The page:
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Sci Adv. 2019 Oct 2;5(10):eaaw6264. doi: 10.1126/sciadv.aaw6264. eCollection 2019 Oct.

Gold-DNA nanosunflowers for efficient gene silencing with controllable transformation.

Author information

1
CAS Center for Excellence in Nanoscience, CAS Key Laboratory for Biomedical Effects of Nanomaterials and Nanosafety, National Center for Nanoscience and Technology, No. 11 First North Road, Zhongguancun, Beijing 100190, P. R. China.
2
DWI-Leibniz Institute for Interactive Materials, Forckenbeckstr. 50, 52056 Aachen, Germany.
3
University of Chinese Academy of Sciences, Beijing 100049, P. R. China.
4
Department of Chemistry, University of Florida, Gainesville, FL 32611, USA.
5
Max Planck Institute for Polymer Research, Ackermannweg 10, 55128 Mainz, Germany.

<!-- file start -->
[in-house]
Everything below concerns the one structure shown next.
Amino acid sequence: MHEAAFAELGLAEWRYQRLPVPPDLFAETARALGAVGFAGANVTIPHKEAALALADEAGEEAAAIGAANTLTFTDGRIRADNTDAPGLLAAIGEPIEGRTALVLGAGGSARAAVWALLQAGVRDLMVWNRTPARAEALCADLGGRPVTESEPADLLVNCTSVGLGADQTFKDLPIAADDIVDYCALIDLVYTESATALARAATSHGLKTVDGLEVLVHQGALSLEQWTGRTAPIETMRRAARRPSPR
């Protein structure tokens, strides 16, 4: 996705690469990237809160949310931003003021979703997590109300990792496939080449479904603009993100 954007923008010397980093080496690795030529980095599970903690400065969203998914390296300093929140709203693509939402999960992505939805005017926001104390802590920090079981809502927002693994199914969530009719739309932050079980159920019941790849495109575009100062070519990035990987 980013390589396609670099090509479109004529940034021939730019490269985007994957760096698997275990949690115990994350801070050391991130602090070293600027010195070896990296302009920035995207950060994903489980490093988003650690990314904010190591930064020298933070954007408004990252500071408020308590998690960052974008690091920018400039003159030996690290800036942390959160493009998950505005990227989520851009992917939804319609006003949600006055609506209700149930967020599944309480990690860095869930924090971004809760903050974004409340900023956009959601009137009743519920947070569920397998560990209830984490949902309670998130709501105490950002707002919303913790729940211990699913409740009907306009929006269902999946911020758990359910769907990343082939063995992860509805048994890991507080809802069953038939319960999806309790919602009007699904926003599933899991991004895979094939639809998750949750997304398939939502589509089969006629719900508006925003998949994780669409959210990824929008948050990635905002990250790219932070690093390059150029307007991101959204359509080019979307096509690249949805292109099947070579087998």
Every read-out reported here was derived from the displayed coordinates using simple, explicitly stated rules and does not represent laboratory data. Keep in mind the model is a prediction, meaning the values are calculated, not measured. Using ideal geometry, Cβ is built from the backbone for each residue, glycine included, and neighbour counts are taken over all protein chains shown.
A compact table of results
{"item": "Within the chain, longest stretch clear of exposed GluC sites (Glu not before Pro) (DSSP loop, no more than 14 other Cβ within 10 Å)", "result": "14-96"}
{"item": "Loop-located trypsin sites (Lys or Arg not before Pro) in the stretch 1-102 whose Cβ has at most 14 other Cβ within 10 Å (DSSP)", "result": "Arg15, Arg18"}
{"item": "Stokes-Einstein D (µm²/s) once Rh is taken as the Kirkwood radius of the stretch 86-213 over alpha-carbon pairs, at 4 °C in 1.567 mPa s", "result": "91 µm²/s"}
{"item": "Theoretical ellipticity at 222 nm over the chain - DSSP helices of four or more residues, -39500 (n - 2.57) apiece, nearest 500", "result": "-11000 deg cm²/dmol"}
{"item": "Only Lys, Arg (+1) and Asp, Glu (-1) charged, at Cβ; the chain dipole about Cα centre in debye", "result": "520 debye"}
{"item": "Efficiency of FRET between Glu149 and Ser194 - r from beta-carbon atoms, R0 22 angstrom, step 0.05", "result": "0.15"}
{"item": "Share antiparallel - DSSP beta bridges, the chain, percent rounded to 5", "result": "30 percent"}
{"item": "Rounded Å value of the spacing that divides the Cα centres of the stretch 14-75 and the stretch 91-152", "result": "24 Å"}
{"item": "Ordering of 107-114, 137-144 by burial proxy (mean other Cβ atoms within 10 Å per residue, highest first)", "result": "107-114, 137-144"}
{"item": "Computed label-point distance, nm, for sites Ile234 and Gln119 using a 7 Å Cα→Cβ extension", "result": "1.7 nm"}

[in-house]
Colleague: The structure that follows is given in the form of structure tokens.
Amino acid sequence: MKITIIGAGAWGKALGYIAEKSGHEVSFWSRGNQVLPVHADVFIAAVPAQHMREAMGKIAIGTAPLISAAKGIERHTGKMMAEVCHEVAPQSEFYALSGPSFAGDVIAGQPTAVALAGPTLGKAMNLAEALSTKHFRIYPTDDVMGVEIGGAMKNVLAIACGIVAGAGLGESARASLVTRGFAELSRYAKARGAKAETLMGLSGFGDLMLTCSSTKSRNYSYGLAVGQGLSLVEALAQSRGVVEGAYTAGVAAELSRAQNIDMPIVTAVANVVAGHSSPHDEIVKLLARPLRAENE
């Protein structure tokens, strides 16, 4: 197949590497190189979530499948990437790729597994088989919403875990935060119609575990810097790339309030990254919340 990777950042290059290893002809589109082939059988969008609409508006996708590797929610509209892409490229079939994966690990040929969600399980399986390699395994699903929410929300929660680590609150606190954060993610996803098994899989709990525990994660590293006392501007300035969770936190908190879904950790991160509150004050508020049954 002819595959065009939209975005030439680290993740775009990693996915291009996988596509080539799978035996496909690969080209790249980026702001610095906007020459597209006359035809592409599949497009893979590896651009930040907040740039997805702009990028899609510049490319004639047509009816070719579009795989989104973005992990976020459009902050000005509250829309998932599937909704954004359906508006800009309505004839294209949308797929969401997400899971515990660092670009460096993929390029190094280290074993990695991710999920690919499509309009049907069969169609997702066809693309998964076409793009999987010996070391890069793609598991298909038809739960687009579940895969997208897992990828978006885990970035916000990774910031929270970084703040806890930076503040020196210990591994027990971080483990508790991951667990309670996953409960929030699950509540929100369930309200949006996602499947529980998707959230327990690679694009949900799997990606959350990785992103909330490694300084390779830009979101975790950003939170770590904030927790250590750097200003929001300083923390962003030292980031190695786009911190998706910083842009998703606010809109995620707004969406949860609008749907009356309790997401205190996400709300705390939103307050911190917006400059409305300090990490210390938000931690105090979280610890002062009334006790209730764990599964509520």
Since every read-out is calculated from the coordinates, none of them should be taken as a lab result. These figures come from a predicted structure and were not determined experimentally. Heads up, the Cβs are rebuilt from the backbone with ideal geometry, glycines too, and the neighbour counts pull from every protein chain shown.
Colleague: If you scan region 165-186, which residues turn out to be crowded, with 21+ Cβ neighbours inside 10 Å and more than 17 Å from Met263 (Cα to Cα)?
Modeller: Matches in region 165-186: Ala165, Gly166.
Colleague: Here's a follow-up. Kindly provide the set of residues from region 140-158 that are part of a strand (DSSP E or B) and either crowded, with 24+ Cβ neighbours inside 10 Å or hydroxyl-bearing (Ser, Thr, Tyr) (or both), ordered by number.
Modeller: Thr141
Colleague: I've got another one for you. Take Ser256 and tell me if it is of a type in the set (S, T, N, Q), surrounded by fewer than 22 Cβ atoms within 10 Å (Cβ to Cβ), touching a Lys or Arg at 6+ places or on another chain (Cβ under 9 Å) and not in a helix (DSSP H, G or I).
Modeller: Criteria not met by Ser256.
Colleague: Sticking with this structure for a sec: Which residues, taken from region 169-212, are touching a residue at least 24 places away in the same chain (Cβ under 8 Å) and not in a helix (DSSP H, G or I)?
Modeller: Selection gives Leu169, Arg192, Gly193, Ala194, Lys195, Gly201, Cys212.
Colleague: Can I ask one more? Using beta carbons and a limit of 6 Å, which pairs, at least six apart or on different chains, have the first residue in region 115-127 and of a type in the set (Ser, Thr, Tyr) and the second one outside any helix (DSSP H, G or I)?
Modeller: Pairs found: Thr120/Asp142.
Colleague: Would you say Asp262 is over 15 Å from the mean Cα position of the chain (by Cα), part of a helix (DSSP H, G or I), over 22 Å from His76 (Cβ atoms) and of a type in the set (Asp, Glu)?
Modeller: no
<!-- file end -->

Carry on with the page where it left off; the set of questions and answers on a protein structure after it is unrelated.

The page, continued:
6
Shijiazhuang Zangnuo Bio Incorporated Corporation, No. 518 Cangsheng Road, Hi-tech District, Shijiazhuang, Hebei Province 050000, P. R. China.

Abstract

The development of an efficient delivery system for enhanced and controlled gene interference-based therapeutics is still facing great challenges. Fortunately, the flourishing field of nanotechnology provides more effective strategies for nucleic acid delivery. Here, the triplex-forming oligonucleotide sequence and its complementary strand were used to mediate self-assembly of ultrasmall gold nanoparticles. The obtained sunflower-like nanostructures exhibited strong near-infrared (NIR) absorption and photothermal conversion ability. Upon NIR irradiation, the large-sized nanostructure could disassemble and generate ultrasmall nanoparticles modified with c-myc oncogene silencing sequence, which could directly target the cell nucleus. Moreover, the controlled gene silencing effect could be realized by synergistically controlling the preincubation time with the self-assembled nanostructure (in vitro and in vivo) and NIR irradiation time point. This study provides a new approach for constructing more efficient and tailorable nanocarriers for gene interference applications.

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